It’s fall, and Kansas City artists and arts organizations are ready for business. Readers can get an informed overview of some of the best the city has to offer in our illustrated season lookahead of performances and exhibits selected by KC Studio’s critics in music, dance, theater and the visual arts.
Visual arts lovers will also find information about top exhibitions around the region, from Salina to St. Louis, to Bentonville, Arkansas. Potential standouts include the ambitious “Hip Hop and Contemporary Art in the 21st Century” at the Saint Louis Art Museum and Richard Mosse’s revelatory masterpiece, “Broken Spectre,” at The Momentary in Bentonville. The exhibit includes a display of Mosse’s monumental photographs capturing the deforestation of the Amazon Rainforest and his 72-minute film on the topic displayed on a 70 x 10-foot screen. In a review earlier this year, the New York Times called it “both visceral and abstract, beautiful and horrifying.”
Also on the must-see list is “A Layered Presence,” an exhibit of works by 22 Kansas City artists of Latinx heritage, opening Oct. 14 at The Nelson-Atkins Museum of Art. The exhibit is the third in a series of shows focusing on Kansas City artists from shared cultures, which began with the 2021-22 “Testimony” exhibit of works by members of KC’s African American Artist Collective, followed by the 2022-23 exhibit “Found in Translation,” showcasing new works by eight artists with roots in Asia.
On the music and dance front, there is much anticipation surrounding “She Breathes Fire,” a collaboration between the Owen/Cox Dance Group and KC composer Stacy Busch, at Union Station’s City Stage Theatre in October. Our critic Libby Hanssen describes Busch, winner of a 2023 Mid-America Arts Alliance Artistic Innovations Grant, as “one of the most singular voices creating in Kansas City today.” Living composers also come to the fore in the Friends of Chamber Music’s season opener, “New Horizons,” which marks a first, as “Friends of Chamber Music never had that single concert that is only comprised of living composers,” according to FoCM’s co-artistic director, Hyeyeon Park.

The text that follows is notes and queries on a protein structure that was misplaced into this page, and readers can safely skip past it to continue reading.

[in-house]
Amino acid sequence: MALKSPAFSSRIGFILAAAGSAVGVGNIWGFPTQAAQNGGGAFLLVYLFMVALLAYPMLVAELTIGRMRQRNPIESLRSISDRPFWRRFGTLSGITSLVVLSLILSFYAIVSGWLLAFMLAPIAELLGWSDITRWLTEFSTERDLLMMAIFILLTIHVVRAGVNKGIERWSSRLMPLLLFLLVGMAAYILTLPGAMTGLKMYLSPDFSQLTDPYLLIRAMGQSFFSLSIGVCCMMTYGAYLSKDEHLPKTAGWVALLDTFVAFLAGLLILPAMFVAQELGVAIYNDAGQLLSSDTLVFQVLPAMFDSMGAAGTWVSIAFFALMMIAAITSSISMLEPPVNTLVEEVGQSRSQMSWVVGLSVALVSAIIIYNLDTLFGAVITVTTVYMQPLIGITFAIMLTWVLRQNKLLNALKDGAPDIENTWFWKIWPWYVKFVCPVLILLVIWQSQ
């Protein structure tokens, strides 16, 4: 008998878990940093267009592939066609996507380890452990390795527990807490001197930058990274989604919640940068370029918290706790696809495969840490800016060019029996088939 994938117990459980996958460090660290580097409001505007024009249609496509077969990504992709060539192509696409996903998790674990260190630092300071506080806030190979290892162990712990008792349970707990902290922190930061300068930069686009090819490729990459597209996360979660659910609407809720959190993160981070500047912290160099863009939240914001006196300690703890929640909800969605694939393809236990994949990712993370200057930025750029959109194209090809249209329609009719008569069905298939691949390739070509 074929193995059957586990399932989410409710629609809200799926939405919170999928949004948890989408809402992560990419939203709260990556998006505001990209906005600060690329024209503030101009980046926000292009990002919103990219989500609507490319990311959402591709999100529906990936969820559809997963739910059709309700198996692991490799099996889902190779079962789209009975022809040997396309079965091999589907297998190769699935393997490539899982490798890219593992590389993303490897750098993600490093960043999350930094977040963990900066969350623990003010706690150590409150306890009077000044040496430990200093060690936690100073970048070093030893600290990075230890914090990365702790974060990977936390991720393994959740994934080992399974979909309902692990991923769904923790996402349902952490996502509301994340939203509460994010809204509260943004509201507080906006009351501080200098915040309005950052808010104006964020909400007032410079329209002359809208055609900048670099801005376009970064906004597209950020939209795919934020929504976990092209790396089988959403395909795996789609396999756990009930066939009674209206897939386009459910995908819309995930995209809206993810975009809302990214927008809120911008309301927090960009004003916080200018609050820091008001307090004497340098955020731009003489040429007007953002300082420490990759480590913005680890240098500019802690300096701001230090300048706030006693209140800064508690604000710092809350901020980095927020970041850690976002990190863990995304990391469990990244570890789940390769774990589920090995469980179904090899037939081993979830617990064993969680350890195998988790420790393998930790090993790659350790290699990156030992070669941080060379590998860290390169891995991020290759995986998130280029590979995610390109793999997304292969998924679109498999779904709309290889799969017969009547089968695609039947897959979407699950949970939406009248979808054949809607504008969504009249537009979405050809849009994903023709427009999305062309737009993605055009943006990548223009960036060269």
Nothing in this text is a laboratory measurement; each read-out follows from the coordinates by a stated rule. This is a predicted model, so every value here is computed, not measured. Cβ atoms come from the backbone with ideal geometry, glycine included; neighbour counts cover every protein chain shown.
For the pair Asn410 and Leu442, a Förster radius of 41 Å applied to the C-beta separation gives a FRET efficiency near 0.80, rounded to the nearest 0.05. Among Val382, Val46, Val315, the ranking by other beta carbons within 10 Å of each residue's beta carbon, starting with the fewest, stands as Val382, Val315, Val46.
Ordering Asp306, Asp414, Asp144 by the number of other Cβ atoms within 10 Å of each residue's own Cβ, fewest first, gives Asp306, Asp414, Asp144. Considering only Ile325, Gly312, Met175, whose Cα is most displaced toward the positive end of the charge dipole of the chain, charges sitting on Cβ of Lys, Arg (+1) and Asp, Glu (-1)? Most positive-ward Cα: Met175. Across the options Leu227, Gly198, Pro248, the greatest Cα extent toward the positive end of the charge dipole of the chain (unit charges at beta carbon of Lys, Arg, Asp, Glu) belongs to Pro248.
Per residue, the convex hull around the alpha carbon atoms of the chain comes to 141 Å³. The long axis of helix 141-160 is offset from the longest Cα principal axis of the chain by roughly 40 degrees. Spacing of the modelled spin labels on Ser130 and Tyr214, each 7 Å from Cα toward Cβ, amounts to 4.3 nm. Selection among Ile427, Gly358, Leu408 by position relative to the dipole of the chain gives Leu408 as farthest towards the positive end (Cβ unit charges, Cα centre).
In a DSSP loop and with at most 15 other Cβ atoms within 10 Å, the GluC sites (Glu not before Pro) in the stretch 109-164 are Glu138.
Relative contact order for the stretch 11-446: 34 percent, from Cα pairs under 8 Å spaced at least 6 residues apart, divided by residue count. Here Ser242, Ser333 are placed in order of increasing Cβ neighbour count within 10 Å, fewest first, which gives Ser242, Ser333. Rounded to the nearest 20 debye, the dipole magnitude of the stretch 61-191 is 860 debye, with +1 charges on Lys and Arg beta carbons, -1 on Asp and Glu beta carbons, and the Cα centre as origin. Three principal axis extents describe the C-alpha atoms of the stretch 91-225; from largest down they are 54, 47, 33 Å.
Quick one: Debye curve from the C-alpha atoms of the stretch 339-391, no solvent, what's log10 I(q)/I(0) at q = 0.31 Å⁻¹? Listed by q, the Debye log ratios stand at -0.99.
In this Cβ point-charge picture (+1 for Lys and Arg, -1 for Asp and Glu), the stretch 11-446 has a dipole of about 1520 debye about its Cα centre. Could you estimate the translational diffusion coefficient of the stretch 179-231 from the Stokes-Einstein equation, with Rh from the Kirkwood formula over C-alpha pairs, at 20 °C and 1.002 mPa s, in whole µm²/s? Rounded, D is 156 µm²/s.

In his fall column, theater critic Robert Trussell lays out the entire September-May season. This year’s offerings are many and varied, with several standouts touching on the issues of the day by approaching them through a historical lens. They include the Coterie’s “Justice at War,” about a suit brought by Japanese American civil service employees sent to internment camps after the bombing of Pearl Harbor, a case that made it all the way to the Supreme Court. And considering that body’s recent controversial decisions and behaviors, KCRep’s production of Heidi Schreck’s award-winning “What the Constitution Means to Me” gains renewed relevance.
On the topic of theater, three Kansas City actors spent part of July performing at the Bedford Festival Fringe in Bedford, England, where Central Standard Theatre presented Albert Welling’s “Suzi of the Dress,” featuring Nicole Hall and Christoph Cording, and Phillip Hayes Dean’s “Paul Robeson,” starring Robert McNichols, Jr. In advance of the UK trip, McNichols treated the KC audience to a stirring and memorable performance of the one-man show at the Black Box. In addition to his acting and vocal talents, McNichols has distinguished himself as an educator, activist, scholar of Black music, founder of the Black Musical Arts Community Choir and manager of education programs at Music Theater Heritage. He is a true Kansas City treasure.
Fall brings farewells and welcomes to top players in Kansas City’s cultural sphere. Notable is the departure of three women who have helped shape the cultural landscape for a decade and more. They are Unicorn producing artistic director Cynthia Levin, whose accomplishments over the past 45 years are chronicled by Robert Trussell in the current issue; Lisa Browar, who established the Linda Hall Library as a global research destination and spearheaded exhibits and programs that engaged the KC community during her 15-year tenure as president; and Erin Dziedzic, director of curatorial affairs at Kemper Museum of Contemporary Art, where she has been curating groundbreaking exhibitions for a decade. They include the remarkable “Magnetic Fields: Expanding American Abstraction, 1960s to Today,” a 2017 show of abstractions by women artists of color, and the current “Virginia Jaramillo: Principle of Equivalence,” the first major retrospective of the New York-based Mexican American artist. Dziedzic leaves the museum at year’s end to pursue an independent curatorial practice in the Northeast.
Levin will continue in her post until June 2024; in coming months the theater’s board of directors will conduct a search for her successor. Browar is succeeded by Eric Dorfman (see Arts in Brief, p. 22); the search for Dziedzic’s replacement awaits the naming of Kemper Museum’s new director, expected by the end of this year. The year also brings changes at the top at the Kansas City Ballet and the Kansas City Symphony, with David Gray (see story, p. 72) succeeding Jeffrey Bentley at the Ballet and Matthias Pintscher taking over from Michael Stern as music director of the symphony.